Thursday, August 30, 2012

ServiceMix on the bleeding edge

Why stable dependencies are cool

ServiceMix (and Fuse ESB as well) are supposed to work with a specific version of Camel. For example ServiceMix 4.4.2 comes with a pre-configured Camel 2.8.5 features repository.
karaf@root> features:listurl | grep camel
  true    mvn:org.apache.camel.karaf/apache-camel/2.8.5/xml/features
The same rule is applied to the ActiveMQ and CXF dedicated for every release of the ServiceMix.

This is pretty cool approach since it guarantees you that sticking to the given version of Camel (ActiveMQ, CXF, ...) will result in a stable ServiceMix installation. ServiceMix team invested pretty lots of effort to make sure that Camel in version X works nicely on ServiceMix in version Y. Fuse ESB is tested even more, to guarantee the highest level of the product.

Why stable dependencies are NOT cool

The downside of such stable versioning strategy is that you need to wait a long time before updating to the latest version of Camel (or CXF or whatever).

For example, if I committed Spring Batch component to the Camel and it has been released in Camel 2.10, then I'll need to wait for ServiceMix to use the higher version of Camel and Karaf. In this particular example Karaf 2.2.4 included in the latest stable version of ServiceMix (i.e. 4.4.2) doesn't support Camel 2.10.
karaf@root> features:install camel-spring-batch/2.10.0
Error executing command: Can not resolve feature:
Unsatisfied requirement(s):

Bleeding edge ServiceMix

What to do if you really need to work with the latest version of the ServiceMix stack? Download the latest version of Apache Karaf and manually add Camel (CXF, ActiveMQ, etc) support into it.

For example to use the latest Camel (i.e. 2.10) I can download the latest Karaf (i.e. 2.2.9) and arm it with the Camel 2.10 features repository.
karaf@root> features:addUrl mvn:org.apache.camel.karaf/apache-camel/2.10.0/xml/features
Then I enable feature responsible for bootstrapping Camel modules backed by Spring.
karaf@root> features:install camel-spring
At last but not least I enjoy the brand new Camel modules.
karaf@root> features:install camel-spring-batch/2.10.0
Now I can drop my integration solution using the latest Camel 2.10 into my hand-made bleeding edge ServiceMix. :)

Monday, August 27, 2012

Poster Firefox plugin - creating custom HTTP requests

The best tool I know for testing restful web services is the firefox Poster plugin.

It provides dead simple form to generate arbitrary HTTP request. You specify target URL and HTTP method you want to use (GET, POST, PUT and so forth). Of course you can also provide additional HTTP headers, parameters and request content. Good, simple tool.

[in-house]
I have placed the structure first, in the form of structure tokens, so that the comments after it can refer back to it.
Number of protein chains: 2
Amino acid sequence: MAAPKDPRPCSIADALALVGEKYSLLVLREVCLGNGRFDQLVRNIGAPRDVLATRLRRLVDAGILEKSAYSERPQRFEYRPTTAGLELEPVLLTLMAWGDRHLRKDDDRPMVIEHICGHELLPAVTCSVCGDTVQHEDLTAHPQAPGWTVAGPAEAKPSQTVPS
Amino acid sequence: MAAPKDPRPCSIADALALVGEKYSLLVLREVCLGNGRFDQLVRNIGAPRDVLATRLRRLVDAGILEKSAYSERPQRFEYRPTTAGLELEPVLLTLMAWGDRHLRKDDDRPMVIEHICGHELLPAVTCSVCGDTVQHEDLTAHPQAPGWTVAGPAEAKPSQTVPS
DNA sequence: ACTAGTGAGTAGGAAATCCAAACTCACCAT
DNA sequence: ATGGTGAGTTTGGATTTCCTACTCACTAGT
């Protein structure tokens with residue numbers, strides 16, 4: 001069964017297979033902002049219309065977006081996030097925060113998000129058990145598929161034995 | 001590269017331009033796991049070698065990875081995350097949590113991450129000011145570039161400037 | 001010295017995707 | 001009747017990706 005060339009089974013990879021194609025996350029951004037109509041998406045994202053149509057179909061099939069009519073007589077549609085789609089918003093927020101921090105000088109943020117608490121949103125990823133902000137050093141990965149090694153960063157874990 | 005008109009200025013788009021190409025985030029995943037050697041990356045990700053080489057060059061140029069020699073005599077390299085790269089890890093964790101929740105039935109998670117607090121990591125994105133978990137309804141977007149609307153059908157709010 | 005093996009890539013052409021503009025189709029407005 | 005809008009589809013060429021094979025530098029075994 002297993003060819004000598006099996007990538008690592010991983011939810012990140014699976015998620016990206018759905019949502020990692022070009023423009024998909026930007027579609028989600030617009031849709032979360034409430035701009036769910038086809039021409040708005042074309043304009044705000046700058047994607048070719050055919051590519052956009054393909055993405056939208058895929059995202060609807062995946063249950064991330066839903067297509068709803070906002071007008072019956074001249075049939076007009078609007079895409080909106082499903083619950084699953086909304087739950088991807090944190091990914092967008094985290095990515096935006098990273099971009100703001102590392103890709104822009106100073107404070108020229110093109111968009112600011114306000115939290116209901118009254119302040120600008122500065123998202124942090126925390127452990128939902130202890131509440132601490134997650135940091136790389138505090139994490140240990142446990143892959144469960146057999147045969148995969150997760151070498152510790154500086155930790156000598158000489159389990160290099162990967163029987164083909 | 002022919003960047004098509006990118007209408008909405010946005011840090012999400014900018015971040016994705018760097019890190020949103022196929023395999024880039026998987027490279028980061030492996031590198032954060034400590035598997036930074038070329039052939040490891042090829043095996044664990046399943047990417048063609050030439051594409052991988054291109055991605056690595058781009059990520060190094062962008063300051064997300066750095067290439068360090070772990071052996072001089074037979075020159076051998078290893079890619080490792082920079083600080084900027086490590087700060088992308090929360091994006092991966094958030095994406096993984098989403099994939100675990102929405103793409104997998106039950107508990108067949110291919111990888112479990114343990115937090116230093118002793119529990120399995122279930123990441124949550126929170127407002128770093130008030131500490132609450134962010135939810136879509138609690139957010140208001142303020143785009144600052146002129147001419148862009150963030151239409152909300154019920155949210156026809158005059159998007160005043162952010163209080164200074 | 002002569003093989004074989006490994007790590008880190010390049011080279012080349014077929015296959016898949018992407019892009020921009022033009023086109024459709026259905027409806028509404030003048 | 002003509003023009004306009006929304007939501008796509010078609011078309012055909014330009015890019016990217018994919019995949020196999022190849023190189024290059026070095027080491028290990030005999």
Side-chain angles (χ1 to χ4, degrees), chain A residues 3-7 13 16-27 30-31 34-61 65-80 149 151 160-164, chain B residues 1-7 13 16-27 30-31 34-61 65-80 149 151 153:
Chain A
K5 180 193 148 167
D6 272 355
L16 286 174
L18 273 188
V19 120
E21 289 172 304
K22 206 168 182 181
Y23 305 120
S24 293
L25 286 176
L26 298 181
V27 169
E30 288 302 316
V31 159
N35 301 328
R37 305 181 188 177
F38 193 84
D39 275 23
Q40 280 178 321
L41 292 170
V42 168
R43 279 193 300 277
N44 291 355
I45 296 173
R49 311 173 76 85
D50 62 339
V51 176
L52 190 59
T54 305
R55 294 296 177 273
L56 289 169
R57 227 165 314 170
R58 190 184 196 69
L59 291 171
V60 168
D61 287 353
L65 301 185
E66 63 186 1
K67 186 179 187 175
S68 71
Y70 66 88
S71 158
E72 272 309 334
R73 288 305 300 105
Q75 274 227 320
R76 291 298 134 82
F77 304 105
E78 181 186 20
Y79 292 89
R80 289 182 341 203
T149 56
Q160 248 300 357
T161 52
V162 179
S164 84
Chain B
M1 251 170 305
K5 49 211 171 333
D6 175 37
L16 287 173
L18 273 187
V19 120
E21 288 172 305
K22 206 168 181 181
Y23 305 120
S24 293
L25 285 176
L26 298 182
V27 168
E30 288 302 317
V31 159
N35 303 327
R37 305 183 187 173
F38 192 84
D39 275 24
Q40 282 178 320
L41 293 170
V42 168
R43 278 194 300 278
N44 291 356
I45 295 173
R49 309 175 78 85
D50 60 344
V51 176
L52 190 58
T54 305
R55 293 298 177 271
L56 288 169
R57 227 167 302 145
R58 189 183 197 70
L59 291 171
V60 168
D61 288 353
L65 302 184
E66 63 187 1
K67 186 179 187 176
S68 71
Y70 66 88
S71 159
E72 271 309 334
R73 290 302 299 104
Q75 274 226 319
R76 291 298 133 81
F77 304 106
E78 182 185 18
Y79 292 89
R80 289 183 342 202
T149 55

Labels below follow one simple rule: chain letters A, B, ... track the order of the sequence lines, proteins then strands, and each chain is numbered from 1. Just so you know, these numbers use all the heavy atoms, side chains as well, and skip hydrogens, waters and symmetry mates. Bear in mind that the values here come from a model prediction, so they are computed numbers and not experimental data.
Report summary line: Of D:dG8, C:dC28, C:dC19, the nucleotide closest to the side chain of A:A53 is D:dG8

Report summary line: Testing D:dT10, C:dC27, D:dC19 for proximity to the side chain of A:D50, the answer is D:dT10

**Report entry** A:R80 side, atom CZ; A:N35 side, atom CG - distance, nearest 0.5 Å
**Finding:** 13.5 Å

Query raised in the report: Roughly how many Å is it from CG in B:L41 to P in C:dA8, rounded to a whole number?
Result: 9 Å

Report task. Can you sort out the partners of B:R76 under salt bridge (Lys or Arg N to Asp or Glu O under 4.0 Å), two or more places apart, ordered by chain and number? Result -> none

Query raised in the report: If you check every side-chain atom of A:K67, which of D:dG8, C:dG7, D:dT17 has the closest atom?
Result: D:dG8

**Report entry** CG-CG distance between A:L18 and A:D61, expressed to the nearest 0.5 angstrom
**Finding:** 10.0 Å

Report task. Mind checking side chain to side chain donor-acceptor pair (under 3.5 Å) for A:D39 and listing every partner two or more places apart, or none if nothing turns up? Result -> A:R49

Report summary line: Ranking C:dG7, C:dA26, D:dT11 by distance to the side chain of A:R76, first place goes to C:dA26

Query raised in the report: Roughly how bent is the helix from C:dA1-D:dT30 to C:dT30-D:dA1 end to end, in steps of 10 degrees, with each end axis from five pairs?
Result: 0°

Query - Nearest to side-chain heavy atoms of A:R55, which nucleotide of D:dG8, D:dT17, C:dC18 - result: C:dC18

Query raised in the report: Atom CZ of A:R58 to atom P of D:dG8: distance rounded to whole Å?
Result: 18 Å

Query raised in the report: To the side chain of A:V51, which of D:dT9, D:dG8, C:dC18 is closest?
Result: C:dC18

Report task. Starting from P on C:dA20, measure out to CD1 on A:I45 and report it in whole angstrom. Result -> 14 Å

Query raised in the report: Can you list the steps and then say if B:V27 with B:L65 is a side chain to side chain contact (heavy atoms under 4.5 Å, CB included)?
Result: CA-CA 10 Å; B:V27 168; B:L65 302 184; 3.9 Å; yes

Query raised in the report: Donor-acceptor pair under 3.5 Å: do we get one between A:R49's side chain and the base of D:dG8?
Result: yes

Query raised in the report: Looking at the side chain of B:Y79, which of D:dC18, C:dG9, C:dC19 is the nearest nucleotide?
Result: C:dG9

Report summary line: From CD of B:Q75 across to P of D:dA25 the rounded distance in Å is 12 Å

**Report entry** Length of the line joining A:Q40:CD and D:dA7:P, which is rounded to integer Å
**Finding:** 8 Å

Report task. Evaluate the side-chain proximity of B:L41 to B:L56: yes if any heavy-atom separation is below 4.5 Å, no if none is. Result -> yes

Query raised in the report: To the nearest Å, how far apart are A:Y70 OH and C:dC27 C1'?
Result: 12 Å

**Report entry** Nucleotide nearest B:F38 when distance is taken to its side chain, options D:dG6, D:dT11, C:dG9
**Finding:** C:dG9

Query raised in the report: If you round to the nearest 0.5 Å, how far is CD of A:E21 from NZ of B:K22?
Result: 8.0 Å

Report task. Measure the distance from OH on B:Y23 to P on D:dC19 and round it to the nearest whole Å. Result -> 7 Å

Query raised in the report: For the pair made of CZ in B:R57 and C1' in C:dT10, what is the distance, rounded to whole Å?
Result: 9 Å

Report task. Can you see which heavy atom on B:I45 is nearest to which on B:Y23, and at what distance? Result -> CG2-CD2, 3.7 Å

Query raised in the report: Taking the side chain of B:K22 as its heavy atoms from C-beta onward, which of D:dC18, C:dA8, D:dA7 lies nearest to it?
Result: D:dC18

Wednesday, August 22, 2012

Java API for today: ConcurrentModificationException vs CopyOnWriteArrayList

You often iterate over the collection and you rarely add something to it. This sounds like a typical scenario for the Observer design pattern.

List<Listener> listeners = new LinkedList<Listener>();
for(Listener listener : listeners) {
public void addListener(Listener listener){

If you interrupt iterating over the listeners by registering the new one, you will encounter the ConcurrentModificationException thrown by the iterator.

The solution is to use java.util.concurrent.CopyOnWriteArrayList.
List<Listener> listeners = new CopyOnWriteArrayList<Listener>();

In the rare cases when you modify the list of listeners, iterator will work on the snapshot of the original list (created before the modification). Listener's addition will be performed on the copy of the list, that will be eventually merged with the original one.

From now on, stop yelling about the ConcurrentModificationException thrown by your iterators.

Tuesday, August 14, 2012

Good Camel message is the immutable one

A good way to introduce a problem into your Camel-based messaging solution, is to keep mutable data in the messages you exchange.

Whenever you read that Camel creates a copy of the message (for example during the Multicast), keep in mind that we're talking about the shallow copy. Creation of the deep copy of the object in Java is complex due to the performance and logical issues. Due to these issues, Camel copies only references to the body and headers of the original messages.

// Given - multicast will copy incoming message.

// When - messages has been copied
sendBody("direct:xero", "Copy me!");
Object copy1 = getMockEndpoint("mock:copy1").getExchanges().get(0).getIn();
Object copy2 = getMockEndpoint("mock:copy2").getExchanges().get(0).getIn();

// Then - messages are not the same
assertNotSame(copy1, copy2);
// But bodies of the messages are.
assertSame(copy1.getBody(), copy2.getBody());

It is easy then to create the copy of the message that logically is not a copy, since it reference the same mutable structure as the original message from which it was created.

In messaging systems payloads should be unaware of the JVM they live in. Shared Java references introduce implicit knowledge about the JVM memory model to the messages. Camel tip for today is - stick to the immutable messages whenever you can.

Friday, August 10, 2012

Failure management

When you want to improve your team, you're obviously interested in the Change Managemment. What is not so clear, is that you should be interested in the Failure Management as well.

When you're changing the team, you will fail from time to time. You will propose and try to apply some misconceived ideas. We like to see change, but don't want to admit the failure. The failure however is often the sign of the change happening.

Do you talk about the failures with your team? Do you explicitly discuss the correlation between your failures and your progress as a team?